Supervisors often do not require any formal education on how they are to perform their duties but are most often given on-the-job training or attend company sponsored courses. Many employers have supervisor handbooks that need to be followed. Supervisors must be aware of their legal responsibilities to ensure that their employees work safely and that the workplace that they are responsible for meets government standards.


In academia, a supervisor is a senior scientist or scholar who, along with their own responsibilities, aids and guides a postdoctoral researcher, postgraduate research student or undergraduate student in their research project; offering both moral support and scientific insight and guidance. The term is used in several countries for the doctoral advisor of a graduate student.


In colloquial British English, "gaffer" means a foreman, and is used as a synonym for "boss". In the UK, the term also commonly refers to sports coaches (football, rugby, etc.).

The term is also sometimes used colloquially to refer to an old man, an elderly rustic. The word is probably a shortening of "godfather", with "ga" from association with "grandfather". The female equivalent, "gammer", came to refer colloquially to an old lady or to a gossip.[3] The use of gaffer in this way can be seen, for example, in J.R.R. Tolkien's character Gaffer Gamgee.

In 16th century English a "gaffer" was a man who was the head of any organized group of labourers. In 16th and 17th century rural England, it was used as a title slightly inferior to "Master", similar to "Goodman", and was not confined to elderly men. The chorus of a famous Australian shearer's song, The Backblocks' Shearer (also known as Widgegoeera Joe), written by W. Tully at Nimidgee, NSW (c.1900), refers to a gaffer:

Hurrah, me boys, my shears are set,
I feel both fit and well;
Tomorrow you’ll find me at my pen
When the gaffer rings the bell.
With Hayden's patent thumb guards fixed
And both my blades pulled back;
Tomorrow I go with my sardine blow
For a century or the sack!
  • In glassblowing, a gaffer is the central figure in the creation of a piece of art. For example, at the Corning Glass Works in Corning, New York, a gaffer is a skilled artisan who blows through a long tube to shape molten glass into a variety of useful and/or artistic objects. The Gaffer District in Corning is named in honor of these artisans.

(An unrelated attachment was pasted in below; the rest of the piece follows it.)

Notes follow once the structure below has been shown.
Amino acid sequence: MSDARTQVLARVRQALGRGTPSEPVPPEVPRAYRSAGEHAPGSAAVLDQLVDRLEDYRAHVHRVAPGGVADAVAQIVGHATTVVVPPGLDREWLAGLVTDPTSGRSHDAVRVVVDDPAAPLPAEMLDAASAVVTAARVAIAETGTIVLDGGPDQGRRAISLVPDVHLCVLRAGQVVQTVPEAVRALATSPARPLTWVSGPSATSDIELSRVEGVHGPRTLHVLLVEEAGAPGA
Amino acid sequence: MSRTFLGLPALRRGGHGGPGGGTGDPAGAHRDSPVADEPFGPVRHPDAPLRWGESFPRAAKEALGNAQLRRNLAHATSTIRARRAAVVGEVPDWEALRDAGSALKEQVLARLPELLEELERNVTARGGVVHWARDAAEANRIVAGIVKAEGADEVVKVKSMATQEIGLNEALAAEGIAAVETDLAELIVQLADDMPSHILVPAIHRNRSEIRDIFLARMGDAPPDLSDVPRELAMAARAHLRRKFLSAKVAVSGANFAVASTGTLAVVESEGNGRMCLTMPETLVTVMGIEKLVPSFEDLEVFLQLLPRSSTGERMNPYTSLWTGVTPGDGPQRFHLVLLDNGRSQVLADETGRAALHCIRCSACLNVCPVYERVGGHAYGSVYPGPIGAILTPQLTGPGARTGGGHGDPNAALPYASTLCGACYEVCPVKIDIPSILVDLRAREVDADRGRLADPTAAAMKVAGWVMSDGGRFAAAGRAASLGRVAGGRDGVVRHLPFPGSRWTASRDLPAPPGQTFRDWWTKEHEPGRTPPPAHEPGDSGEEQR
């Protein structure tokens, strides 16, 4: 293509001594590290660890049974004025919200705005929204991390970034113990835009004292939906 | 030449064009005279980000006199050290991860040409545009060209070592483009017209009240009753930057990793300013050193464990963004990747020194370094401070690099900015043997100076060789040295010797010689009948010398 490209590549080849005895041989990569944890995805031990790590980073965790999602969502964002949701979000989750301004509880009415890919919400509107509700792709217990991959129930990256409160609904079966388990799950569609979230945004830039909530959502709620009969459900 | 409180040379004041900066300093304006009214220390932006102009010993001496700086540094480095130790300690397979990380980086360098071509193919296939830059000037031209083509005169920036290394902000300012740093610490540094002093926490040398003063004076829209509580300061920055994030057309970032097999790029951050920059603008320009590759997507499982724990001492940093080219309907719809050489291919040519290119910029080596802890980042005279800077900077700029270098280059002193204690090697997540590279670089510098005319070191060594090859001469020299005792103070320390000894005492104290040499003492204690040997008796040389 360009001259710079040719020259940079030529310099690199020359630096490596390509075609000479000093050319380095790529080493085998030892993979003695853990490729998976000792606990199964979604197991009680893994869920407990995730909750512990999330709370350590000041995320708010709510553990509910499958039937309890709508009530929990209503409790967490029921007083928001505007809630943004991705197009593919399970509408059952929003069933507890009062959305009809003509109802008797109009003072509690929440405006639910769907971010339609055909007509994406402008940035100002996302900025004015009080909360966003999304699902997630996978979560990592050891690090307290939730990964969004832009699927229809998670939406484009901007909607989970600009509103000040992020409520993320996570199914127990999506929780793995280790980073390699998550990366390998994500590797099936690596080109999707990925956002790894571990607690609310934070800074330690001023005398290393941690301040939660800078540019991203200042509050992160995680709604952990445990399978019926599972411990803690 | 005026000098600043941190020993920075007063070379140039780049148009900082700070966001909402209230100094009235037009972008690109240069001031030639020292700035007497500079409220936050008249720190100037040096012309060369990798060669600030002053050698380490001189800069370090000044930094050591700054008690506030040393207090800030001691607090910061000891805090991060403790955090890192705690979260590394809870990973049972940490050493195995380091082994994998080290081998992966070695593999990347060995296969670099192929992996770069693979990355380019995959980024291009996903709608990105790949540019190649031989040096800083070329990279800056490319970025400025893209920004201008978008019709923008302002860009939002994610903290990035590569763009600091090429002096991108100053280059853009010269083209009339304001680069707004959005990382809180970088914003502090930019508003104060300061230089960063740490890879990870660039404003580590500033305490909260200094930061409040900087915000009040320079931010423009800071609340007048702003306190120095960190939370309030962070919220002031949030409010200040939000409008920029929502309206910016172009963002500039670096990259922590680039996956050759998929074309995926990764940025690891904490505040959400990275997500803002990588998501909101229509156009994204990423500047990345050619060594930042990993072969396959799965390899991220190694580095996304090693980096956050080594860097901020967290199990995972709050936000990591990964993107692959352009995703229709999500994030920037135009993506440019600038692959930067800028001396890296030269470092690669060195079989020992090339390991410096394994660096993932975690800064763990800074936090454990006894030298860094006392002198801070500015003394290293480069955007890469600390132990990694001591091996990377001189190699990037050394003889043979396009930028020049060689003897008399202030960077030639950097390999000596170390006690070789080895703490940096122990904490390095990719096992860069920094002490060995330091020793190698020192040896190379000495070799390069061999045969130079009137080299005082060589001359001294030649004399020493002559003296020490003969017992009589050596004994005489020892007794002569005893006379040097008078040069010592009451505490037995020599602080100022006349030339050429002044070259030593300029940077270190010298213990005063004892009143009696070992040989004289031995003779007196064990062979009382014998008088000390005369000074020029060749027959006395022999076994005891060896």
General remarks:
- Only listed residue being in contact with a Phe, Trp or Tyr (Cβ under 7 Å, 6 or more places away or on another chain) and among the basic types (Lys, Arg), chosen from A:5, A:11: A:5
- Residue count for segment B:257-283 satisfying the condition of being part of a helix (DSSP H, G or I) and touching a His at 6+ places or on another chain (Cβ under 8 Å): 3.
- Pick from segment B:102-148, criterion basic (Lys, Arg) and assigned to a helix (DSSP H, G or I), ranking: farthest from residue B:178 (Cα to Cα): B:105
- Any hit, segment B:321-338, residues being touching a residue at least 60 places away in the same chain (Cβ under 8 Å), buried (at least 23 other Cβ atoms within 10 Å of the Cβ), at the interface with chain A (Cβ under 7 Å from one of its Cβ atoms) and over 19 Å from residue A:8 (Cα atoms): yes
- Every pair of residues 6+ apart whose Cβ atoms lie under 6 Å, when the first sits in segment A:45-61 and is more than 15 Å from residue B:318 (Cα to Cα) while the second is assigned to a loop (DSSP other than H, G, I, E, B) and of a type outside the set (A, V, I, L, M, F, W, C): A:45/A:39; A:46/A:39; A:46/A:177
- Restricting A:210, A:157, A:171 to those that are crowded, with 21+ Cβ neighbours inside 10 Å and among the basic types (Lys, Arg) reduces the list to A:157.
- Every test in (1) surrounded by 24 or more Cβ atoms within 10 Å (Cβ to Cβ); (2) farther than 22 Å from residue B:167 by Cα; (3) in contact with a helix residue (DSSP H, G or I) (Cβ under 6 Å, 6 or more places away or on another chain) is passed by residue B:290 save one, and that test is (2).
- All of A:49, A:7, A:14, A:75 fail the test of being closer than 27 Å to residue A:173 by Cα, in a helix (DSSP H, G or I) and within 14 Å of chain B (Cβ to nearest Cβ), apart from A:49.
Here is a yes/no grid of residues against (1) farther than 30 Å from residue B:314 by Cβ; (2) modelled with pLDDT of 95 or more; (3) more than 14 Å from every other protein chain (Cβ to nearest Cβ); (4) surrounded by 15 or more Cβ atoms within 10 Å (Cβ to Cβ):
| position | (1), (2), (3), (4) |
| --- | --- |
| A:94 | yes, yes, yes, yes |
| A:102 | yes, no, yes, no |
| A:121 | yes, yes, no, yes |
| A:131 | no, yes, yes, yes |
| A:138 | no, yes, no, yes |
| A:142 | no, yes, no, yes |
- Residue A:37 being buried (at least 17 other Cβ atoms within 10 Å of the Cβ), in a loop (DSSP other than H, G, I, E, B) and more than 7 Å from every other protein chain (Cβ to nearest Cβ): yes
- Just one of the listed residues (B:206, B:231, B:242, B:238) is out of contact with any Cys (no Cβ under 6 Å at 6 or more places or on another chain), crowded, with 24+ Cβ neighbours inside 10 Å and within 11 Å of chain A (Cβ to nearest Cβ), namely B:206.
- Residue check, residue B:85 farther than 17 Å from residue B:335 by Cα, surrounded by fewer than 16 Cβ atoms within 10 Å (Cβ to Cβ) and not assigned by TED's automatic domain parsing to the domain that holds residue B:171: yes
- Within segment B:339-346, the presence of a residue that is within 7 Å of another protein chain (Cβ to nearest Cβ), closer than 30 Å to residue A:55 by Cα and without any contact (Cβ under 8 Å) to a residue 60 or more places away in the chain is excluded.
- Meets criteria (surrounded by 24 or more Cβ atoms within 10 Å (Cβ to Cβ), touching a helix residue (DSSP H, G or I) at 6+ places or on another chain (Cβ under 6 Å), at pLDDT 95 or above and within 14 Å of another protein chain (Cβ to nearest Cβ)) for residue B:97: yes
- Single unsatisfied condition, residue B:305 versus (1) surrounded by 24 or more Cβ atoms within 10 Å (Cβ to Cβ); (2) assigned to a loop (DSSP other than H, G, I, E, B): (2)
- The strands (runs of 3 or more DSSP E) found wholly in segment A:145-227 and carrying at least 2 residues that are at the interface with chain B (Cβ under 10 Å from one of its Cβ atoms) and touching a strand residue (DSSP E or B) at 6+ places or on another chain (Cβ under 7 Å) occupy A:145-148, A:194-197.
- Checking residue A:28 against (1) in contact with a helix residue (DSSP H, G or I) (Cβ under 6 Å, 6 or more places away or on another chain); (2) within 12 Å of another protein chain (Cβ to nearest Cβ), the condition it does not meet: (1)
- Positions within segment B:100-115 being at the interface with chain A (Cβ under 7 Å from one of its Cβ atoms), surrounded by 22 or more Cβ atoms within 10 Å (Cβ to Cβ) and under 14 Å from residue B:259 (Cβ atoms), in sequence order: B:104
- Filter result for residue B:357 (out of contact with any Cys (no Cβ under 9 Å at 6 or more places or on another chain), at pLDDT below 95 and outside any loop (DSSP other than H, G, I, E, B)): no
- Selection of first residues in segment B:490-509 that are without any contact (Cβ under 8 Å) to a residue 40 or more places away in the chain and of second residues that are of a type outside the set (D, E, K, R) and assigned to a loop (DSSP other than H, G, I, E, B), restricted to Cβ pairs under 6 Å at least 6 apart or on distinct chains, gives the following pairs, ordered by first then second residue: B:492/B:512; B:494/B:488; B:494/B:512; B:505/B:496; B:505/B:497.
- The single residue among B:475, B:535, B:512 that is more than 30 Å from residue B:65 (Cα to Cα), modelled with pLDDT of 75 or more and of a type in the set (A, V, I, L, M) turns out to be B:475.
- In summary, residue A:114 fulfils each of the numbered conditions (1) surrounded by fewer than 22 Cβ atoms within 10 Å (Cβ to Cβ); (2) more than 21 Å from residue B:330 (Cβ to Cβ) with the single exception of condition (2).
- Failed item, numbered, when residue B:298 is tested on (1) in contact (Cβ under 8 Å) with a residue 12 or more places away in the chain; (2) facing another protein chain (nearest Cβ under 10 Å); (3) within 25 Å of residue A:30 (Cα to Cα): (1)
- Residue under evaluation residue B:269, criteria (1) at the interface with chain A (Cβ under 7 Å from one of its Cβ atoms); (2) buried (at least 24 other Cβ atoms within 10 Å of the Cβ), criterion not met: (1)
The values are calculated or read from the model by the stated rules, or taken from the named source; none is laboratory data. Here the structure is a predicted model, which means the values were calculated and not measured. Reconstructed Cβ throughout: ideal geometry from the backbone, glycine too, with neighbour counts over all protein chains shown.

As industrial and commercial enterprises grew in size - especially after introduction of techniques of the industrial revolution - the perceived need for supervisors and foremen grew in tandem. One example is the development of the hierarchical model and practices of the plantation economies in the antebellum American South, where the overseer provided the interface between the planter and the indentured servants, and later slaves.[4]

By 1894 speakers of U.S. English had begun to refer to a subordinate or assistant foreman - sometimes contemptuously - as a straw boss,[5] by analogy with the concept of a "straw man".[6]

See also[edit]


  1. ^ "Archived copy" (PDF). Archived from the original (PDF) on 2015-02-23. Retrieved 2015-02-23.{{cite web}}: CS1 maint: archived copy as title (link) Who is a Supervisor under the Occupational Health and Safety Act? (2015) Ontario Ministry of Labour. Retrieved Feb 23, 2015.
  2. ^ Miller, Patricia (1988). Powerful Leadership Skills for Women. p. 86. ISBN 9781558520189.
  3. ^ The Concise Oxford Dictionary, 5th Edition, OUP 1964
  4. ^ Smircich, Linda Mary; Calás, Marta B., eds. (1995). Critical Perspectives on Organization and Management Theory. History of management thought. Vol. 13. Dartmouth. p. 266. ISBN 9781855217072. Retrieved 6 June 2020. The foreman role was somewhat analogous to that of the "overseer" on slave plantations in the ante-bellum South [...].
  5. ^ "straw boss". Oxford English Dictionary (Online ed.). Oxford University Press. (Subscription or participating institution membership required.)
  6. ^ This term alludes to the person's position as a straw man, that is, a front or cover for the real boss and of only nominal importance.

Further reading[edit]

Schultz & Schultz, Duane (2010). Psychology and work today. New York: Prentice Hall. pp. 169–170. ISBN 978-0-205-68358-1.

External links[edit]